The Public Service Commission (PSC) has suspended the directive that required civil servants to declare their wealth in the wake of a corruption clampdown.

In a memo dated August 16, PSC vice chairman Peter ole Nkuraiyia said the move was informed by feedback from State workers and government agencies that needed clarity on the filling of the assets registry.

The exercise required the officers to fill in wealth declaration forms stating specific disclosures, including contracts for goods and services, any consultancies, sponsorship by firms, including overseas trips, and plans for future employment.

“The exercise was intended to facilitate management of conflict of interest in the public service," Mr Nkaruiyia said in the memo.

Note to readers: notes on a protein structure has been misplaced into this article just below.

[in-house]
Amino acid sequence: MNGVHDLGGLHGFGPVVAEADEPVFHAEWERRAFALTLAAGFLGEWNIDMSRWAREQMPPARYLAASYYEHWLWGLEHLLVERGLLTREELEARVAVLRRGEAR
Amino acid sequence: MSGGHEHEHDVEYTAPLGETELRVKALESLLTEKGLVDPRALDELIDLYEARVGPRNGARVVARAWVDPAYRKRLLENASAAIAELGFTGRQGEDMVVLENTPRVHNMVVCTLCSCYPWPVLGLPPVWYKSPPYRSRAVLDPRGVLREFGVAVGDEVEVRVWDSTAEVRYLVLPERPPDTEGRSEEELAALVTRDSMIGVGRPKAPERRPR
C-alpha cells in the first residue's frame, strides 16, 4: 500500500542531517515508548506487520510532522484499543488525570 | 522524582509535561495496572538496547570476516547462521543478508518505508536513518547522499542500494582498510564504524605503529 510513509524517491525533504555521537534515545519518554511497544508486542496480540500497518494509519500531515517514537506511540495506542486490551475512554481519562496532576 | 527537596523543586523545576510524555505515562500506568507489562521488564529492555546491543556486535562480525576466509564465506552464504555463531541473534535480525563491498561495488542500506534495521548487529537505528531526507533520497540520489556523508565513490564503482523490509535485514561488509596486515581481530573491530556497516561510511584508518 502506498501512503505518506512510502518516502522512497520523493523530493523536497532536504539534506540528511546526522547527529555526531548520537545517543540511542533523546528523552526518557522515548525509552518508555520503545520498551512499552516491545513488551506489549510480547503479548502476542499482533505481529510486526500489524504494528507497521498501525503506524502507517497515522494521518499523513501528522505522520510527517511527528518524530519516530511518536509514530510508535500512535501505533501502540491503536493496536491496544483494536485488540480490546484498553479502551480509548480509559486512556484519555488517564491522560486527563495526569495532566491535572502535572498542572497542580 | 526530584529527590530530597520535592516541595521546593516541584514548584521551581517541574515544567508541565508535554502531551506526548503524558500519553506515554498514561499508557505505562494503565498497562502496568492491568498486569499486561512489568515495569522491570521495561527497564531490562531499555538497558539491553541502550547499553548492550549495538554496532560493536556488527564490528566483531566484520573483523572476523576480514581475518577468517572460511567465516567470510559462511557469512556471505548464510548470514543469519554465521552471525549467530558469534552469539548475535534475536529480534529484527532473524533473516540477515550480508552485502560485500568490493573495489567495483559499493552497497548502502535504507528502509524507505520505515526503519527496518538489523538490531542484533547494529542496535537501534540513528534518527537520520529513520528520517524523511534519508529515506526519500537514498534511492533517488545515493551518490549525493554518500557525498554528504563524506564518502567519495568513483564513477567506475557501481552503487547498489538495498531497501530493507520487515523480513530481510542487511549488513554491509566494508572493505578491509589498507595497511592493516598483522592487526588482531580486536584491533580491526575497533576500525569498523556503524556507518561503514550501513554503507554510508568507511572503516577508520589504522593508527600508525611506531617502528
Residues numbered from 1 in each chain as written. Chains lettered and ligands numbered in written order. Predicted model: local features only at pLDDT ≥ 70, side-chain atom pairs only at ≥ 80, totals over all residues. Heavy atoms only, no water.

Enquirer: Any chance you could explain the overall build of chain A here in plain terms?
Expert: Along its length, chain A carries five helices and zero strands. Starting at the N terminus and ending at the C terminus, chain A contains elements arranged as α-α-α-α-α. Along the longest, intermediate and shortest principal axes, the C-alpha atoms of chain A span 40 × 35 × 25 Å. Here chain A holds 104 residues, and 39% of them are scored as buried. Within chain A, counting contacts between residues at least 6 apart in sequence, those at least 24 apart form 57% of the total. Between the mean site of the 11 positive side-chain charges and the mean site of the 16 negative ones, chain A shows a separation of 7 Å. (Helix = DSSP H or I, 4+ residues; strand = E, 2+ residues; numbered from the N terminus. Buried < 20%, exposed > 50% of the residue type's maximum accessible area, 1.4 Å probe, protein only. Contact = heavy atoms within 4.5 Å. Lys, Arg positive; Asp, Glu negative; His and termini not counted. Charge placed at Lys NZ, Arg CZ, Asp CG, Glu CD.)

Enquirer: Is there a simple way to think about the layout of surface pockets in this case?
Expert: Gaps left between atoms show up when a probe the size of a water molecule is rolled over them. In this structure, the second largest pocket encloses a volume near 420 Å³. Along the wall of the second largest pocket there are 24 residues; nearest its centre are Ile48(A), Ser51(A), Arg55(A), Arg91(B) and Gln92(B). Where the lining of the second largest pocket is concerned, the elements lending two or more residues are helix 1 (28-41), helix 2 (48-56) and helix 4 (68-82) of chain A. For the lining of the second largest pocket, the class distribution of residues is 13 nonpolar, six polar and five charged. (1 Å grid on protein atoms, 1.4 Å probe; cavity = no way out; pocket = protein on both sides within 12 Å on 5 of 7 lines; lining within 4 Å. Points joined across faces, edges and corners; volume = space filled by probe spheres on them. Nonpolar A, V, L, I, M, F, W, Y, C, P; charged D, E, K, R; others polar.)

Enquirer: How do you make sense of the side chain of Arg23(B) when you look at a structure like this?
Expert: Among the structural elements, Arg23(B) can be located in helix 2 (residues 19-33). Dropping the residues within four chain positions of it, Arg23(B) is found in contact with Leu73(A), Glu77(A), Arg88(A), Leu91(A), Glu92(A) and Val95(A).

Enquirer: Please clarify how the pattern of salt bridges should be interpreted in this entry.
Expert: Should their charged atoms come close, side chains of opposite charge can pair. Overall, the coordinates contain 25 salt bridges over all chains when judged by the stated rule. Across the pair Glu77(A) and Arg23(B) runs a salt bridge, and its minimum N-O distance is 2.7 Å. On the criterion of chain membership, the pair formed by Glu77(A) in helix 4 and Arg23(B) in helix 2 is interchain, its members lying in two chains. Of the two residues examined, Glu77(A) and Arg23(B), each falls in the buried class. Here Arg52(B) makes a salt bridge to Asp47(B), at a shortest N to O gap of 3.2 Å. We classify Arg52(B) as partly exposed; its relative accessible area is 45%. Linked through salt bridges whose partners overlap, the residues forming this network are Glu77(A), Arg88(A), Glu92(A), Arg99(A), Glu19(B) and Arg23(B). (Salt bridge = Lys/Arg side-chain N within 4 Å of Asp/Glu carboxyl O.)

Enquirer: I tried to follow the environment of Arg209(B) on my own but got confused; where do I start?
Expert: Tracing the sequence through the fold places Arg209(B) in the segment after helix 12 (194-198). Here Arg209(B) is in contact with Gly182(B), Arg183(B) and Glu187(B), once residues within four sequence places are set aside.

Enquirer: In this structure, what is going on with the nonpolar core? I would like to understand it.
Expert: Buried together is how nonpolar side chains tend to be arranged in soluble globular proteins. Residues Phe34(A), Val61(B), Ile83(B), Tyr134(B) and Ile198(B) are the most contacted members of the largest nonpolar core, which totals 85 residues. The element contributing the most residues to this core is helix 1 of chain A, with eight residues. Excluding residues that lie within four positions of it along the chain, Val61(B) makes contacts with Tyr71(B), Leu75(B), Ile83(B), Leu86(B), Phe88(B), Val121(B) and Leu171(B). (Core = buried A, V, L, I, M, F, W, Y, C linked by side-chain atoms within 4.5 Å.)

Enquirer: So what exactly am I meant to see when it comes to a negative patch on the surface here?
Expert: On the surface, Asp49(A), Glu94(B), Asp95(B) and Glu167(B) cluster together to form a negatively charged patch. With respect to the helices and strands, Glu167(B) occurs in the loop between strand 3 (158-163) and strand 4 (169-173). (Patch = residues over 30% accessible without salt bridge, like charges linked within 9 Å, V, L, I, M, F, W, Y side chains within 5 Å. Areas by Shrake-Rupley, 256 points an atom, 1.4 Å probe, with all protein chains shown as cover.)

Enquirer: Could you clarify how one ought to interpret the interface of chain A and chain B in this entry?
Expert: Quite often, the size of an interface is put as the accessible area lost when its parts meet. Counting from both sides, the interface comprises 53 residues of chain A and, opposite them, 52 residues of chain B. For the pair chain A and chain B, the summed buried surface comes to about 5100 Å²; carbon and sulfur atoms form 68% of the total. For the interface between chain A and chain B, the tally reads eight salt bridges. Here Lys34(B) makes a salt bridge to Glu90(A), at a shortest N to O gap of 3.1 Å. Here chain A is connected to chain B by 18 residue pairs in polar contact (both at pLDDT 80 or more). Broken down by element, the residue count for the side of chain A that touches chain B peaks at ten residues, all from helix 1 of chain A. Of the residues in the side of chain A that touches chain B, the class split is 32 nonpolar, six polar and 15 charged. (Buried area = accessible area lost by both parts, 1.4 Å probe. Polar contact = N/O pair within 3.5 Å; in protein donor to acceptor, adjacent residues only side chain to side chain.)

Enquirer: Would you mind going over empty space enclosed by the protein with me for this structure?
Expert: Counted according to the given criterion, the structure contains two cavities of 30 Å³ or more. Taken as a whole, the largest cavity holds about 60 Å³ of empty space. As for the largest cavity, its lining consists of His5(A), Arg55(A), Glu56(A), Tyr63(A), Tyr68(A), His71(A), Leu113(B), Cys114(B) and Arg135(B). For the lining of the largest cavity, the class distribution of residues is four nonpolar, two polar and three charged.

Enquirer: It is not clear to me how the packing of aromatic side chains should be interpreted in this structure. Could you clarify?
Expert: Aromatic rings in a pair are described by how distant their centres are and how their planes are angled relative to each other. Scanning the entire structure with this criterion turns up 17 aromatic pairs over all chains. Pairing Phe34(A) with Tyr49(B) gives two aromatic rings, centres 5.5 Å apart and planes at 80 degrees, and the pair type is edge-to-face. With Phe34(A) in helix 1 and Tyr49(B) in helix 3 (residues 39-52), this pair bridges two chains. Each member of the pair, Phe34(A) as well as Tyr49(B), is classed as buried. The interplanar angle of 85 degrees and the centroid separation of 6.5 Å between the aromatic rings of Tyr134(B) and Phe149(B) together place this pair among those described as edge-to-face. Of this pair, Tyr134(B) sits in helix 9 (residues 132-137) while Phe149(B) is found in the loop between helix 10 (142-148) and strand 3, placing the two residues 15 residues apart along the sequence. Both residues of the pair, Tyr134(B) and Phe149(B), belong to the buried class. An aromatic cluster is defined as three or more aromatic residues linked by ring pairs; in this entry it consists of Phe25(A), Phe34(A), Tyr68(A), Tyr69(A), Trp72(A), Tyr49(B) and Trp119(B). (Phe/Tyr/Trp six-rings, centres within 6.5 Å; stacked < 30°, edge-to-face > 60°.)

Compulsory leave

The suspension will, however, not affect the ongoing vetting of public procurement and accounting officers who were asked in June to step down and allow scrutiny of their personal wealth and service record.

President Kenyatta had on June 1 ordered heads of procurement departments in all ministries and parastatals to proceed on compulsory leave to allow for a thorough lifestyle audit.

Earlier this week, 400 senior officials, heading procurement departments and accounting units, were cleared in the initial phase of the vetting process.